A reminder: SEO isn’t PR

SEO loves PR...Heather Yaxley has a great post that ought to be widely shared and bookmarked way beyond the public relations community – although PRs would benefit from reading it, too.

It’s about search engine optimization – SEO – that often seems like a dark art of Google PageRank manipulation as well as a legitimate tool or method designed to support marketing strategies among other things.

It’s also widely misunderstood, a case in point  being its relationship to public relations and what it can do for PR.

In "An idiot’s guide to PR – lessons for SEO and digital marketing," Heather lists ten rules as a quick guide for for those who work in SEO and digital marketing on what PR is not.

Of the ten, the one that especially caught my attention is Rule 7, in the wake of the mini-kerfuffle that erupted a week or so ago about Google PageRank, SEO and press releases:

Rule 7: PR is not focused on clicks and views. Achieving organic search engine optimisation is about more than tricks to generate clicks and views. That’s why more SEO folk than PR practitioners are worried about Google’s comments about press releases. First, PR practitioners view a press/media release as means of providing information, not a vehicle for SEO content. Only those in the junk business stuff releases with references to brand names and other terms simply to generate clicks and views. Ditto with in-document self-referential links and other practices that ignore that quality of information is the core remit of a release.

Well said, Heather.

[Update Aug 27] Shel and I discussed Heather’s post – and especially the discussion in the comments – in this week’s FIR episode 718 recorded on August 26.

Neville Hobson

Social Strategist, Communicator, Writer, and Podcaster with a curiosity for tech and how people use it. Believer in an Internet for everyone. Early adopter (and leaver) and experimenter with social media. Occasional test pilot of shiny new objects. Avid tea drinker.

  1. Adam Parker (@AdParker)

    Hi Neville

    I read a couple more good posts on this discussion yesterday. One by Andrew Smith (@andismit) http://blog.escherman.com/2013/08/22/is-online-press-coverage-the-best-form-of-seo/ and another by Jonathan Welsh (@jonwelsh) http://theprblog.co.uk/news/work/post-penguin-press-release/.

    For me the main SEO theme that these posts highlight is that “SEO isn’t PR”, but true PR can be good SEO. In a world where Google is increasingly considering conversational signals and personal authority e.g. author rank, the ability to identify, create opportunities and engage in relevant conversations online is fast becoming (and may have become in some cases) a necessity for good SEO results. And as Heather says that’s about skill, investment, relationships and above all having something interesting to say – not entitlement.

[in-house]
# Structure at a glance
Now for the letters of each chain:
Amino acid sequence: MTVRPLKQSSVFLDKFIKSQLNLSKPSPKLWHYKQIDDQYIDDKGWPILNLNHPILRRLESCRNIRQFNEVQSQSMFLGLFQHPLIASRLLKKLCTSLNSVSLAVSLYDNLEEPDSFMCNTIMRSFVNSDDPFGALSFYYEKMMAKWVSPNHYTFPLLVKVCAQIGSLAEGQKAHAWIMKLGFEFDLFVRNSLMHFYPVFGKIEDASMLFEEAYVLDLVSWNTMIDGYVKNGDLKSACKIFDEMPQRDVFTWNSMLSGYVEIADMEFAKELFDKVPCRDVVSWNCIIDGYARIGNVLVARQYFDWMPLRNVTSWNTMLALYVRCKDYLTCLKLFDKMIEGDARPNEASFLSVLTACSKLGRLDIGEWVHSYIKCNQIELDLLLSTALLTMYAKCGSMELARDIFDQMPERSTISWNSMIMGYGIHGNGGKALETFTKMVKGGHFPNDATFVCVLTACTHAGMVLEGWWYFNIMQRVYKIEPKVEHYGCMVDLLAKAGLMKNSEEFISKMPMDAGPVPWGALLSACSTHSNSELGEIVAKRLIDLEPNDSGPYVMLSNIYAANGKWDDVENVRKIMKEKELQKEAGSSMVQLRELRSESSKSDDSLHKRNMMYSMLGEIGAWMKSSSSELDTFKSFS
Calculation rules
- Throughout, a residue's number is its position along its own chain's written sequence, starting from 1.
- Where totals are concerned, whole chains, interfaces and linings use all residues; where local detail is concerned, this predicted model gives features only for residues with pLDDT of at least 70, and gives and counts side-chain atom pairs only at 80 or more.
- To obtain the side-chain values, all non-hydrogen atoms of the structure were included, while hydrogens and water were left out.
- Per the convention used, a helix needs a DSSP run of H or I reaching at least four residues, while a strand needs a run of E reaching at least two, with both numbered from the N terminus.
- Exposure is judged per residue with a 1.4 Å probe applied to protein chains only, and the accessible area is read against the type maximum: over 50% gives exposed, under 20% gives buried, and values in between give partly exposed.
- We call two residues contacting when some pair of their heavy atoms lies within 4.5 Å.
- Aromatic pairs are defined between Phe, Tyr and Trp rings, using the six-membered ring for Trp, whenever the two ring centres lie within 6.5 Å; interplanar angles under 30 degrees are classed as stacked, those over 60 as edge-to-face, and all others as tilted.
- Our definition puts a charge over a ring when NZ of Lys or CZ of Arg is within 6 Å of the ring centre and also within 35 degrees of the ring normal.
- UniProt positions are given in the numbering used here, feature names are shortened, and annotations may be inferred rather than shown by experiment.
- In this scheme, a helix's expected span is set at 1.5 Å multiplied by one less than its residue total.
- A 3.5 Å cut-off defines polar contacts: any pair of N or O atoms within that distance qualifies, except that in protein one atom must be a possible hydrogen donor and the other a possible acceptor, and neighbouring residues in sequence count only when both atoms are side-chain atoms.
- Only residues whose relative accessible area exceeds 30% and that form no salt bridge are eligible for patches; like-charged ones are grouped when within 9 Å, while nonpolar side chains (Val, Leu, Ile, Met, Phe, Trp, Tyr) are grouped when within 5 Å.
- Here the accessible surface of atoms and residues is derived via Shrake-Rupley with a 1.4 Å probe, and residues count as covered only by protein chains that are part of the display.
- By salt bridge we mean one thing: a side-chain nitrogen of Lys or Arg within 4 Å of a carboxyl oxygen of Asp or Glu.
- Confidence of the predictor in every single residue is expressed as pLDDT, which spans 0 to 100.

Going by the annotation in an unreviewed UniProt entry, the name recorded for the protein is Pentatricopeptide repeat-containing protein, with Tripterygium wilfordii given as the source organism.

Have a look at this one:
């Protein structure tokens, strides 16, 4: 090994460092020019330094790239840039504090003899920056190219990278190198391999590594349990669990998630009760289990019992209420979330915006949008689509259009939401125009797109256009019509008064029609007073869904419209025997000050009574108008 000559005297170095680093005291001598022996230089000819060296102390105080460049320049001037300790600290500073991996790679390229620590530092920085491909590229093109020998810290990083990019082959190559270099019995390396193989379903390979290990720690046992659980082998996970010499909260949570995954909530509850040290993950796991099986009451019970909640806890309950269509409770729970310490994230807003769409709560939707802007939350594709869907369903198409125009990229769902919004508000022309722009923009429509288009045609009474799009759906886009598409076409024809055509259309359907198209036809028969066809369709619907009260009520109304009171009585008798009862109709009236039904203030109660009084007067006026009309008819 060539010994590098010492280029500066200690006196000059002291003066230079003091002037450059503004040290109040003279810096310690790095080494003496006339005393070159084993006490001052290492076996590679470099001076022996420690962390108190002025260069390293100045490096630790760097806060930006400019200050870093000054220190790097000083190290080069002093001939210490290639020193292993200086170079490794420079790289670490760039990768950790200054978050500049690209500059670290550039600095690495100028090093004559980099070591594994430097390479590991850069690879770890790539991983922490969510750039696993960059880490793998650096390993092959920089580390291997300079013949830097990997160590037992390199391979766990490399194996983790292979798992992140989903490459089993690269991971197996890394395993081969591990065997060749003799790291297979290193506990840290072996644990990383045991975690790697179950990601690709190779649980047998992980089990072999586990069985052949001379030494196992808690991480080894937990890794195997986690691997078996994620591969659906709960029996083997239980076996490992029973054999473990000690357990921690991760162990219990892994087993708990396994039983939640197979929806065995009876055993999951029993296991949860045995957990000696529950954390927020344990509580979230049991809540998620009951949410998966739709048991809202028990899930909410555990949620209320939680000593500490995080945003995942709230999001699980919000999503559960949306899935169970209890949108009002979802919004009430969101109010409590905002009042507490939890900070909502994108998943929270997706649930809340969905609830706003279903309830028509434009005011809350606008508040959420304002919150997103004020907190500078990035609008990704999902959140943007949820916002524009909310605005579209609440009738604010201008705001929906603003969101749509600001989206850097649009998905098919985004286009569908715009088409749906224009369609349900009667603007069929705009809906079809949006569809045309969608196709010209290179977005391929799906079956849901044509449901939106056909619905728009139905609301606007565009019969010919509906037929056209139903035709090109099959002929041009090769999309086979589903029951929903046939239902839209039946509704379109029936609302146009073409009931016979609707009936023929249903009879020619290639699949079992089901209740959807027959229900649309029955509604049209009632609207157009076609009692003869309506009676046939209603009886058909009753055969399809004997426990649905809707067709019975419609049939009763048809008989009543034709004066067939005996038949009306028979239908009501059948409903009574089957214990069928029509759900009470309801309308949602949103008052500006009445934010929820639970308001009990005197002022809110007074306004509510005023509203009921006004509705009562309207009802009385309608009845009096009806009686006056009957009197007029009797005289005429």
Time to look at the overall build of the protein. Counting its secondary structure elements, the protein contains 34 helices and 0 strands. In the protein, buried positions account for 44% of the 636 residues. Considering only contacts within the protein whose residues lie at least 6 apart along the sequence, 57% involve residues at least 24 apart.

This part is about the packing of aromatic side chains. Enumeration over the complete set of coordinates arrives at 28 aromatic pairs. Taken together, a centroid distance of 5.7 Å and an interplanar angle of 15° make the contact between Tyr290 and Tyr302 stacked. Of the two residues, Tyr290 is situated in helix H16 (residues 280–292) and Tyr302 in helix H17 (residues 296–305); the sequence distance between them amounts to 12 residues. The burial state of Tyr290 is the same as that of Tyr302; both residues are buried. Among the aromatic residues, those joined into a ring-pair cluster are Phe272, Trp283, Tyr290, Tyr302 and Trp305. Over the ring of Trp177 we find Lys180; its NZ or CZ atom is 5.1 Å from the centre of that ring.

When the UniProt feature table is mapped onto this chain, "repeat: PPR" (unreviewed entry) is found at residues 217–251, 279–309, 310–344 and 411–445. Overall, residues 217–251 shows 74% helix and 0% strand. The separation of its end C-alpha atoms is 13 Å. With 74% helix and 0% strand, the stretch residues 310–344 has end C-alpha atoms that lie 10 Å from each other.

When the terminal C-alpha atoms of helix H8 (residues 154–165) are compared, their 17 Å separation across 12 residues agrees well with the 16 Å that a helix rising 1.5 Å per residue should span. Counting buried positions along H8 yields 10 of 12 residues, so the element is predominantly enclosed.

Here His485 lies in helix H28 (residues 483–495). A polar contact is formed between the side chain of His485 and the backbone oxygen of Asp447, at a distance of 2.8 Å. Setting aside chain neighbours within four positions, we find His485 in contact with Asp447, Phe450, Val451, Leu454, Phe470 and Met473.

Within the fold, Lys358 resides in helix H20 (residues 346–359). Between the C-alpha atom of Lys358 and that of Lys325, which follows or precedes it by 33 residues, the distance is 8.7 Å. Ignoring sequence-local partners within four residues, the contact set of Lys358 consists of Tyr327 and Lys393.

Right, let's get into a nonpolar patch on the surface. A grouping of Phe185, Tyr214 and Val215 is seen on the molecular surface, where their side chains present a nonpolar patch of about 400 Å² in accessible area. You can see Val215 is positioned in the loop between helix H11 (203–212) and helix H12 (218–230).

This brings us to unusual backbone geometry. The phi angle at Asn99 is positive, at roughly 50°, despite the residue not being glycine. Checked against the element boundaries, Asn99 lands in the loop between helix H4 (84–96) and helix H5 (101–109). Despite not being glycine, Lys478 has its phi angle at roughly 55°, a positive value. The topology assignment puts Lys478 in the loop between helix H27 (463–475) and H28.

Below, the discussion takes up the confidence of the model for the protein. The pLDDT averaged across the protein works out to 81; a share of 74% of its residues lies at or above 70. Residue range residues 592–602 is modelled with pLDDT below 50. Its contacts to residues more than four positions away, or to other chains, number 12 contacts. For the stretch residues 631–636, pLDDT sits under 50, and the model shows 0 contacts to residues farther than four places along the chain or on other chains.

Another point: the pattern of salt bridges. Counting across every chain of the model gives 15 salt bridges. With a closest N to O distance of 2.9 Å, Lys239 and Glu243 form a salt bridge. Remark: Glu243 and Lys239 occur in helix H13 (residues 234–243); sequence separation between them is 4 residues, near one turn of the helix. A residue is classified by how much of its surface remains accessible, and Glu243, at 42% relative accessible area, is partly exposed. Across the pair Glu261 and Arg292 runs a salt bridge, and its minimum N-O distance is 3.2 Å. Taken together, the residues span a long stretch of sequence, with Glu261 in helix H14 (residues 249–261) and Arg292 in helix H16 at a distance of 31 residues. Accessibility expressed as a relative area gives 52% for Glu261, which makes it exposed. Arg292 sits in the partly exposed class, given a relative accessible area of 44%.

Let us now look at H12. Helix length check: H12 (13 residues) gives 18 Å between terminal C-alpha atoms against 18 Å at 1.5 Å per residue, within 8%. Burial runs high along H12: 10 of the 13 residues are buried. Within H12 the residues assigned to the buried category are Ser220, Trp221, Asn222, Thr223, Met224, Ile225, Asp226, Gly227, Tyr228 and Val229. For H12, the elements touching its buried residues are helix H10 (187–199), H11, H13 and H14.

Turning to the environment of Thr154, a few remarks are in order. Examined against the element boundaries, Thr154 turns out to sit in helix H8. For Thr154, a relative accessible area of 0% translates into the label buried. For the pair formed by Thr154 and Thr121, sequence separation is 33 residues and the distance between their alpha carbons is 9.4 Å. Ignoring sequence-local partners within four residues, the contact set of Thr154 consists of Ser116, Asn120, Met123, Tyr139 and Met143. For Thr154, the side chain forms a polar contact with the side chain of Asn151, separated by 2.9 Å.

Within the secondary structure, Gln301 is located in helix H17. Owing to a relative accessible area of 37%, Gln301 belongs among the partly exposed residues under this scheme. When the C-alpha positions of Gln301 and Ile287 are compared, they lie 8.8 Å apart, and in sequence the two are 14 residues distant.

As regards your tweet about an example, FWIW a good one relates to us at RealWire. We’ve been ranked No.1 in Google.co.uk and Google.com for “social media news release” for a long time now. We don’t do any “SEO” around it. But as you know we’ve been a big part of that conversation since 2007, and this (now slightly embarrassing :-) ) video http://www.youtube.com/watch?v=cD_mYKc20OY


    • Neville Hobson

      Thanks Adam. Good perspectives. I see it like this – it’s all about content. If you publish “great content” – and that includes press releases – that others read, link to, share, talk about, etc, across the social web, it will likely improve your organic page rank.

      Simple enough, or too simple?


    Hey Neville, interesting post. I never worry about any of this stuff. I just try to write good articles of taxes, estates, trusts, etc. Things I know about and love. The rest just falls in place. This is really a more simple way to proceed. Thanks for your interesting post and the heads up on Heather’s post.

  3. Frank Strong (@Frank_Strong)

    I’m sorry, but I could not disagree more, Neville. People that say such things haven’t dedicated the time to understanding digital media. The question is simple: Do you want people to view your content or not? Clicks and views are an analytical way to measure if what you have to say is valuable to the market. PR pros that ignore that will find themselves looking for work.

    • Heather Yaxley

      Frank – you miss my point about clicks and views. I am arguing against focusing on getting clicks and views (rather than on the quality of what is provided). There are plenty of tricks that are still used to do get attention, which is what annoys Google. And, certainly clicks and views do offer a measure – although at a rather superficial level. What they don’t tell us is whether someone viewed what was said as valuable – after all, you’ve clicked, viewed and commented here – but don’t seem to have found much value in the views you found ;-)

      • Frank Strong (@Frank_Strong)

        Quality and clicks is an interesting question, in the philosophical sense. Why? Because quality ought to drive clicks. But it doesn’t. At least not always.

        Enter the 5 Best Generic Tips about 101 Level Anything. These posts often sail the web, so if people consume such content, is it truly of low quality? We can quickly get into elitist territory which hasn’t worked out well for print media. On the other hand, we have Buzzfeed.

        Second, I’ve returned here many times over the years, so cute comment “trick” but that’s a diversion, not a proof point. It is well within the bell curve to disagree with a single post and still be interested in the overall content, no?